If you have even the slightest worry that your husband, wife or spouse will start emptying accounts, you need to file a Petition for Special Relief to Freeze Marital Assets. It is the only way to truly protect yourself and, in the end, it is always better to be safe than sorry.


You May Be Able To Withdraw Money From A Qualified Retirement Account Penalty-Free In Connection With Your Divorce

Spouses involved in divorces frequently have an immediate need for cash at the time their divorce is finalized. Parties may need money to pay bills, make a down payment on a residence, or for other reasons. Unfortunately, they often lack any significant non-retirement assets from which they can obtain such funds. This is where a penalty free withdraw from retirement accounts during the divorce process comes into play.

Often, the only significant assets of parties at the conclusion of a divorce are funds in employer-sponsored qualified retirement plans.

These include accounts such as 401(k)s or other defined contribution plans. In these instances, the 401(k)s or other qualified retirement accounts will be divided between the parties. The party receiving funds from his or her spouse’s retirement account is known at the “alternate payee.” There are no tax consequences or penalties at the time of the transfer so long as the parties obtain a Qualified Domestic Relations Order (“QDRO”) from the court and the funds are rolled into an Individual Retirement Account (“IRA”) in the name of the alternate payee.

The transfer of funds pursuant to a QDRO also presents a one-time opportunity for the alternate payee spouse to withdraw money from the qualified retirement account penalty-free.

Generally, the owner of a qualified retirement account or IRA must wait until he or she reaches the age 59½ to receive distributions. If a person withdraws money from one of these accounts prior to that date, he or she faces a 10% penalty on the withdrawal, in addition to the federal and state taxes owed.

In divorce cases, however, the Internal Revenue Code carves out an exception to the 10% penalty rule and permits an alternate payee only to request a partial or total cash distribution of their share of the qualified retirement account, provided that the request is made prior to rolling the funds into the IRA. The alternate payee is still required to pay taxes on the distribution, but he or she will not incur the 10% penalty. It is important to note that each financial institution drafts its own rules and regulations governing its retirement accounts and, therefore, this option might not be available with every retirement plan.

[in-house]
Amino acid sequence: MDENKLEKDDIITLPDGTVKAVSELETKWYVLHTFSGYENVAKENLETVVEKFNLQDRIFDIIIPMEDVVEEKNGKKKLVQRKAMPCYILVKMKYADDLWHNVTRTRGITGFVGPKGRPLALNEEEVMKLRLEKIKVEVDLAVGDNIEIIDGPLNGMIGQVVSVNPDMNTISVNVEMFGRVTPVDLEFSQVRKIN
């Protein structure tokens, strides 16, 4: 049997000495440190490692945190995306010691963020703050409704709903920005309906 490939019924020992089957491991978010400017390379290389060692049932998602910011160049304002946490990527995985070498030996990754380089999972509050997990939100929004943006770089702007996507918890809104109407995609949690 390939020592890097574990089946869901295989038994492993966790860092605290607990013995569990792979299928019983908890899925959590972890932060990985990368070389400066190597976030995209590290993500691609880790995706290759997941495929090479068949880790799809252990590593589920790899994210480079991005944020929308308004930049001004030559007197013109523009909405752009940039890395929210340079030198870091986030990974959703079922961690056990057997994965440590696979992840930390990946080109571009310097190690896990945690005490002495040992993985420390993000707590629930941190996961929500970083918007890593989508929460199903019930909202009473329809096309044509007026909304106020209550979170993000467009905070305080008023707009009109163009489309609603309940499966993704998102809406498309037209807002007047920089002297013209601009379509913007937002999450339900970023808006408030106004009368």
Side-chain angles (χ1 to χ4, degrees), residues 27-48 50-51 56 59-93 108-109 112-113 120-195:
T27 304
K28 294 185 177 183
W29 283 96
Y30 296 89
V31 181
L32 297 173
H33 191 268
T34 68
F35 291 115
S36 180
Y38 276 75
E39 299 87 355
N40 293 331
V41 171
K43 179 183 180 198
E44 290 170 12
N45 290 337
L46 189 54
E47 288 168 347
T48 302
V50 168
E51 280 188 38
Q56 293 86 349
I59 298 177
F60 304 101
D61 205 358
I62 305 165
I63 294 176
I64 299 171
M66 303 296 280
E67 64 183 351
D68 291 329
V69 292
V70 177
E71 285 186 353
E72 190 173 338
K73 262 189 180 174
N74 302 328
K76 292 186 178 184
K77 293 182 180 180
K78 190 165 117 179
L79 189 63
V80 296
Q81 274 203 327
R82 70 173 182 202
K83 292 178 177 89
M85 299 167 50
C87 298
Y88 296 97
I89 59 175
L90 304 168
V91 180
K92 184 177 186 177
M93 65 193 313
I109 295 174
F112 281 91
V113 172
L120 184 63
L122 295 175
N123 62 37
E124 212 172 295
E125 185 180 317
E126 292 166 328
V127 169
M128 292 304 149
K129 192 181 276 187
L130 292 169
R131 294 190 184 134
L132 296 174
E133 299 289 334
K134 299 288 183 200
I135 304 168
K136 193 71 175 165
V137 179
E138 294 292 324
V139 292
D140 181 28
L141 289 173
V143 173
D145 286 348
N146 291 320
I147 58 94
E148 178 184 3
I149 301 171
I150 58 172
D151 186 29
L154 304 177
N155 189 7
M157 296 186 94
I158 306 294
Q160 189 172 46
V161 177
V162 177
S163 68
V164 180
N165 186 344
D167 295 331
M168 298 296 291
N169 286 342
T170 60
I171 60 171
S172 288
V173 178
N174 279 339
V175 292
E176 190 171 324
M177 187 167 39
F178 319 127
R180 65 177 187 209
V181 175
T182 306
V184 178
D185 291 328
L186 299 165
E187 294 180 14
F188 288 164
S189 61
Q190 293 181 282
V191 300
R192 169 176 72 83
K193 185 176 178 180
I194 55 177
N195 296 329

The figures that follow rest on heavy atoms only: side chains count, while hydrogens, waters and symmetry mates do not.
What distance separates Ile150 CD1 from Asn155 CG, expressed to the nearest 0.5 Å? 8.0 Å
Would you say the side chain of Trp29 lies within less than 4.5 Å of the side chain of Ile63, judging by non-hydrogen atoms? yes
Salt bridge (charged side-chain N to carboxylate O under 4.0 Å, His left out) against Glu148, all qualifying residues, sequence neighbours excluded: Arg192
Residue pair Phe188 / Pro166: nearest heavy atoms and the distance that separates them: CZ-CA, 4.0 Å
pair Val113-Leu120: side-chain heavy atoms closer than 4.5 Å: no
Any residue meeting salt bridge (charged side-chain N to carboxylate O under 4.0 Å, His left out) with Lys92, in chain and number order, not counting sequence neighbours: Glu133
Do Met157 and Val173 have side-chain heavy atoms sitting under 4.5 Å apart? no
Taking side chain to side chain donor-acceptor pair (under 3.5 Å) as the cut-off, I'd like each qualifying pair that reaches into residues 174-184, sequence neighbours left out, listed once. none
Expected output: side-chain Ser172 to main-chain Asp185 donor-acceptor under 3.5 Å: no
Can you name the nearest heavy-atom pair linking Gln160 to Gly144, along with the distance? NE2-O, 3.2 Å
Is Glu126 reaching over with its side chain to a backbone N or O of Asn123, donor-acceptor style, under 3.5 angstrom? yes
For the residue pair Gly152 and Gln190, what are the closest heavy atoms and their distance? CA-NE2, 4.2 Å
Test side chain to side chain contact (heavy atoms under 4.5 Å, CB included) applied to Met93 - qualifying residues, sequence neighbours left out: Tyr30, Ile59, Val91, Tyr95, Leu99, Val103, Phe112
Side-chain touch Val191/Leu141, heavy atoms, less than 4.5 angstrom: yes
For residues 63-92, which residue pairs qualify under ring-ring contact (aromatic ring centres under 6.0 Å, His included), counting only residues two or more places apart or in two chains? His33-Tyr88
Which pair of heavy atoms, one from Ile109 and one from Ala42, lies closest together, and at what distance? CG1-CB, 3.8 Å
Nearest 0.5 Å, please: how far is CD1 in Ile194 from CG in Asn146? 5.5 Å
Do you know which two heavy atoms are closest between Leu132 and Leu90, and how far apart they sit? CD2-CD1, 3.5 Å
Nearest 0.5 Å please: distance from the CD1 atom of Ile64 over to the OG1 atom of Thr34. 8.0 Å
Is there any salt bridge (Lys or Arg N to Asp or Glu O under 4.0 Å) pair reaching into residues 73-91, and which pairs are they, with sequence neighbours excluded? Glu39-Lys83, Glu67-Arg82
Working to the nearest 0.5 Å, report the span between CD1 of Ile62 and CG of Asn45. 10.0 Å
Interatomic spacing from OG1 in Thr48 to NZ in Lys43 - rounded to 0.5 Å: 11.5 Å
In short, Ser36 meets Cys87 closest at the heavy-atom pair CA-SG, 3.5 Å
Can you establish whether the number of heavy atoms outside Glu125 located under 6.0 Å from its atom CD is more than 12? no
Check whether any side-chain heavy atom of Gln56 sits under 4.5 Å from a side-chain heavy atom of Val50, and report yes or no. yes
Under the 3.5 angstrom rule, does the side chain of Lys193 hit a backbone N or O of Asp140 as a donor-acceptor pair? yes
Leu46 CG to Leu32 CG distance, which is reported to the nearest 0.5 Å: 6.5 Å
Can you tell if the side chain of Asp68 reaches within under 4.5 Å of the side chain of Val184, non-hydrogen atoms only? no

The attorneys at Cooley & Handy can help you investigate this and other options to help secure your financial future following your divorce.


Social Security Retirement Benefits and Divorce – What are YOU entitled to?

If you are in the midst of a divorce, Social Security retirement benefits may not be on your mind. This is especially true if you are relatively young and far from retirement. However, the potential affect of divorce on Social Security retirement benefits is an important consideration in negotiating the terms of a marital settlement agreement. The Bucks County divorce lawyers at Cooley & Handy often encounter questions about how divorce effects entitlement to Social Security retirement benefits in the future.

Social Security benefits are not considered part of your marital property to be divided in divorce. However, your divorce may impact both your right to claim benefits under your ex-spouse’s work history and the amount of benefits you or your ex-spouse are eligible to receive upon retirement. Therefore, it is important to consider this impact in financial planning for life after divorce.

Specifically, if you make less money than your ex-spouse, you may be able to collect benefits under his or her work history. This may allow you to receive a higher benefit than what you would be entitled to under your own work history. This increase may have a substantial effect on the lifestyle you are able to enjoy upon retirement.

Rights of a Divorced Spouse to an Ex-Spouse’s Social Security Retirement Benefits

If you are divorced, you can receive Social Security retirement benefits based on your ex-spouse’s work history if the following requirements are met:

  1. The marriage lasted 10 years or longer;
  2. You are currently unmarried;
  3. You are age 62 or older;
  4. Your ex-spouse is entitled to Social Security retirement benefits (i.e., he or she is 62 or older and has a long enough work history to receive benefits); AND
  5. The benefit you are entitled to receive based on your own work history is less than the benefit you would receive based on your ex’s work history. In other words, your benefit must not exceed half of your ex-spouse’s benefit.

Even if your ex-spouse is not retired, you may be able to collect under his or her work history if you have been divorced for over two years and all of the above requirements are met.

One very important consideration in divorce is Social Security’s 10-year rule (that your marriage must have lasted 10 years or more to collect under your spouse’s work history). If you are divorcing and the marriage has lasted close to ten years, it may be beneficial to intentionally delay the final divorce decree until the marriage has lasted ten years to qualify both spouse’s to potentially collect under the work history of the other.